(b) All surrendered licenses may be returned by the department to the issuing jurisdiction together with information that the licensee is now licensed in a new jurisdiction or may be destroyed by the department, which shall notify the issuing jurisdiction of such destruction. A person may not have more than one valid driver’s license at any time.
(c) Part-time residents of this state issued a license that is valid within this state only under paragraph (b) as that paragraph existed before November 1, 2009, may continue to hold such license until the next issuance of a Florida driver’s license or identification card. Licenses that are identified as “Valid in Florida Only” may not be issued or renewed effective November 1, 2009. This paragraph expires June 30, 2017.
- Is insurance required for motorcycles in Florida?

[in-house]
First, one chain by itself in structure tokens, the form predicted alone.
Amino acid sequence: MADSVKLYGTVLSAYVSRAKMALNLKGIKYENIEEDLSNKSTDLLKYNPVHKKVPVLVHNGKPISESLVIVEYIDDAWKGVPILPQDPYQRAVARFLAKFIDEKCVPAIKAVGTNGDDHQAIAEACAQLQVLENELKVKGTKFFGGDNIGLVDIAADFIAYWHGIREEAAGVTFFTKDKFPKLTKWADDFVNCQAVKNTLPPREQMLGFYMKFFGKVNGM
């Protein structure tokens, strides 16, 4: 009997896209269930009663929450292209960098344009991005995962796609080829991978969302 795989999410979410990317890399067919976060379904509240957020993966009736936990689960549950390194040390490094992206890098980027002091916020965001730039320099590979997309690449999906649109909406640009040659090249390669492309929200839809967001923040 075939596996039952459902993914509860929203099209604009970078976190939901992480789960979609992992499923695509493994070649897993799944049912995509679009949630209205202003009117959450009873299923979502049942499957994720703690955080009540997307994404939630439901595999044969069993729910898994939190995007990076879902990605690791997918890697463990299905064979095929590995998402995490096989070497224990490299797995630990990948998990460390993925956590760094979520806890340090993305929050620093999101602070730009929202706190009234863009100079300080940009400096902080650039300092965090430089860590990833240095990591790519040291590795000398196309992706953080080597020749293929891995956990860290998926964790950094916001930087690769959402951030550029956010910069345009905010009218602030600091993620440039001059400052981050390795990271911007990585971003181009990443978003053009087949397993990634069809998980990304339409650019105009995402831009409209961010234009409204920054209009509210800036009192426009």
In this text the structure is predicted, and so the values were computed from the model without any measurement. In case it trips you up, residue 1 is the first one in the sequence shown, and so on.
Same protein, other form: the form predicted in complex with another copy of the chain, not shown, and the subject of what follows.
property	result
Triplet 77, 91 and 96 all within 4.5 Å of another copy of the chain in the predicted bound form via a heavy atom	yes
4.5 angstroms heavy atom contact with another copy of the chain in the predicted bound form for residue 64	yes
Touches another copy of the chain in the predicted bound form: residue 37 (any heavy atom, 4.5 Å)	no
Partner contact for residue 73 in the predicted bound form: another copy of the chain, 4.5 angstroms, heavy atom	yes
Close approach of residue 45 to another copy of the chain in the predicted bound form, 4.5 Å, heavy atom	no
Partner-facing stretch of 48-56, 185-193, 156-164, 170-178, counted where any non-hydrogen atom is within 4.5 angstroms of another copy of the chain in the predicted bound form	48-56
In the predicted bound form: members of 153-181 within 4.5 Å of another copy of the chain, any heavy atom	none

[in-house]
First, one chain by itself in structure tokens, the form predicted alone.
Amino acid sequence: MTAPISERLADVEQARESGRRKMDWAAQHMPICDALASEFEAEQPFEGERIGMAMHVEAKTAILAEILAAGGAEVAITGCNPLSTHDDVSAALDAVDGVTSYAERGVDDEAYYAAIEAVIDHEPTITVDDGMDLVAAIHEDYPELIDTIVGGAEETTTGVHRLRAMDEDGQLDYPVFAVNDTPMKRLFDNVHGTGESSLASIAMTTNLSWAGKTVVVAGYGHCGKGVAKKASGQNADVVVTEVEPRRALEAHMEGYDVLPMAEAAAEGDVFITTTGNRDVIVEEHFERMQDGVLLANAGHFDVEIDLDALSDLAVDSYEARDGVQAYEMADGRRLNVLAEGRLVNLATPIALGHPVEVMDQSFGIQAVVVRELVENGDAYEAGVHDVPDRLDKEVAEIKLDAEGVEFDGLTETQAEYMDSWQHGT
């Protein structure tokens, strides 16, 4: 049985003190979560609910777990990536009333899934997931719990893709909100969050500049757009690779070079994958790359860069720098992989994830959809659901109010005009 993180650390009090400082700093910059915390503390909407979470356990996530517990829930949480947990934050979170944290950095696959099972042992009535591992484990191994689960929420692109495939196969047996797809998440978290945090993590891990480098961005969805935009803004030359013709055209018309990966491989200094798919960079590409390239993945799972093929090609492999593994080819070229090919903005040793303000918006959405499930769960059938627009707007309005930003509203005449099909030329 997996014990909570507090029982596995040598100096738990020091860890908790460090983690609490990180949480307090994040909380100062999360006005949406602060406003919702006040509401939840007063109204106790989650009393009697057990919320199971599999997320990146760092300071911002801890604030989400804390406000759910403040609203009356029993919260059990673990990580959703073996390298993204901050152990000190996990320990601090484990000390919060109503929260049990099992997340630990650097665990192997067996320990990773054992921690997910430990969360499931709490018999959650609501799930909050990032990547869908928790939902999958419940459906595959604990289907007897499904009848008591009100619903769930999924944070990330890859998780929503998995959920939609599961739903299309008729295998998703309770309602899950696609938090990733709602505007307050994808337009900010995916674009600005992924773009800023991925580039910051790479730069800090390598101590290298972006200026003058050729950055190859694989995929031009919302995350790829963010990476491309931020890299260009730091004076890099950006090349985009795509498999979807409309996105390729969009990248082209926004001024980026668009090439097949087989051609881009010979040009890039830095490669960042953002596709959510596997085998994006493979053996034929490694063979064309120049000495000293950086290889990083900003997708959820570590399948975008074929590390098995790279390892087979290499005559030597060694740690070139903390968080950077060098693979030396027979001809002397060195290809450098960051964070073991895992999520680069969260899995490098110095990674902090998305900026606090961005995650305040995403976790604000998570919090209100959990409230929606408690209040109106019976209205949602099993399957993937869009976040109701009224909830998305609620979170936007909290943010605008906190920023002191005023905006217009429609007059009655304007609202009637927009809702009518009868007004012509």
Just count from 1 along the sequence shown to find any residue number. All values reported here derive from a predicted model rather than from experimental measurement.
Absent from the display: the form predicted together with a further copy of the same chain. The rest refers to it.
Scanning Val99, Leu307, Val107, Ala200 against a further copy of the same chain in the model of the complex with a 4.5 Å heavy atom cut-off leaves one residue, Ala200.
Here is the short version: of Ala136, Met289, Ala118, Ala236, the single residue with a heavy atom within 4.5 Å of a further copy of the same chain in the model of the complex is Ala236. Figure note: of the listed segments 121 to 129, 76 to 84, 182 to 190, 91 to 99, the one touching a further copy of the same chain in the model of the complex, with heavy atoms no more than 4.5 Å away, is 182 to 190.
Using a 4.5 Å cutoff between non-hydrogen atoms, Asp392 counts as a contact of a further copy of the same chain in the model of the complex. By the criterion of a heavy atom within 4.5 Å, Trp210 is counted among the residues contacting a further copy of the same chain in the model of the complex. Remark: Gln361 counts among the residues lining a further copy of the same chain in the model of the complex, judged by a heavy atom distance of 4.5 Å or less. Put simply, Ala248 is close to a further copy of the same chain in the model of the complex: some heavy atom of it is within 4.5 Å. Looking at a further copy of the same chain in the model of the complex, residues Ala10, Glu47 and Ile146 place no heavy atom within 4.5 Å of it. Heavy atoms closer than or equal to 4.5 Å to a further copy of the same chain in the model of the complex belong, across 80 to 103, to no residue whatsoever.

Under certain circumstances Yes. Insurance is not required to register motorcycles as with four-wheel motor vehicles. However, if a motorcycle operator is charged in a crash with injuries, then the owner or owner/operator is financially responsible for bodily injuries and property damage to others. If no liability coverage was in effect, then bodily injury/property damage liability insurance must be purchased and kept for three years to avoid license and tag/registration suspension or to reinstate license and tag/registration after suspension.
- What about motorcycle passenger insurance?
If you plan to carry passengers it is a good idea to ask your insurance carrier about the need for carrying passenger insurance coverage.
- Is there a minimum age requirement for motorcycle passengers?
Florida law does not address a minimum age for passengers. However, other laws may apply such as endangering a minor.
- Are you required to wear eye protection to operate a motorcycle? How about as a passenger?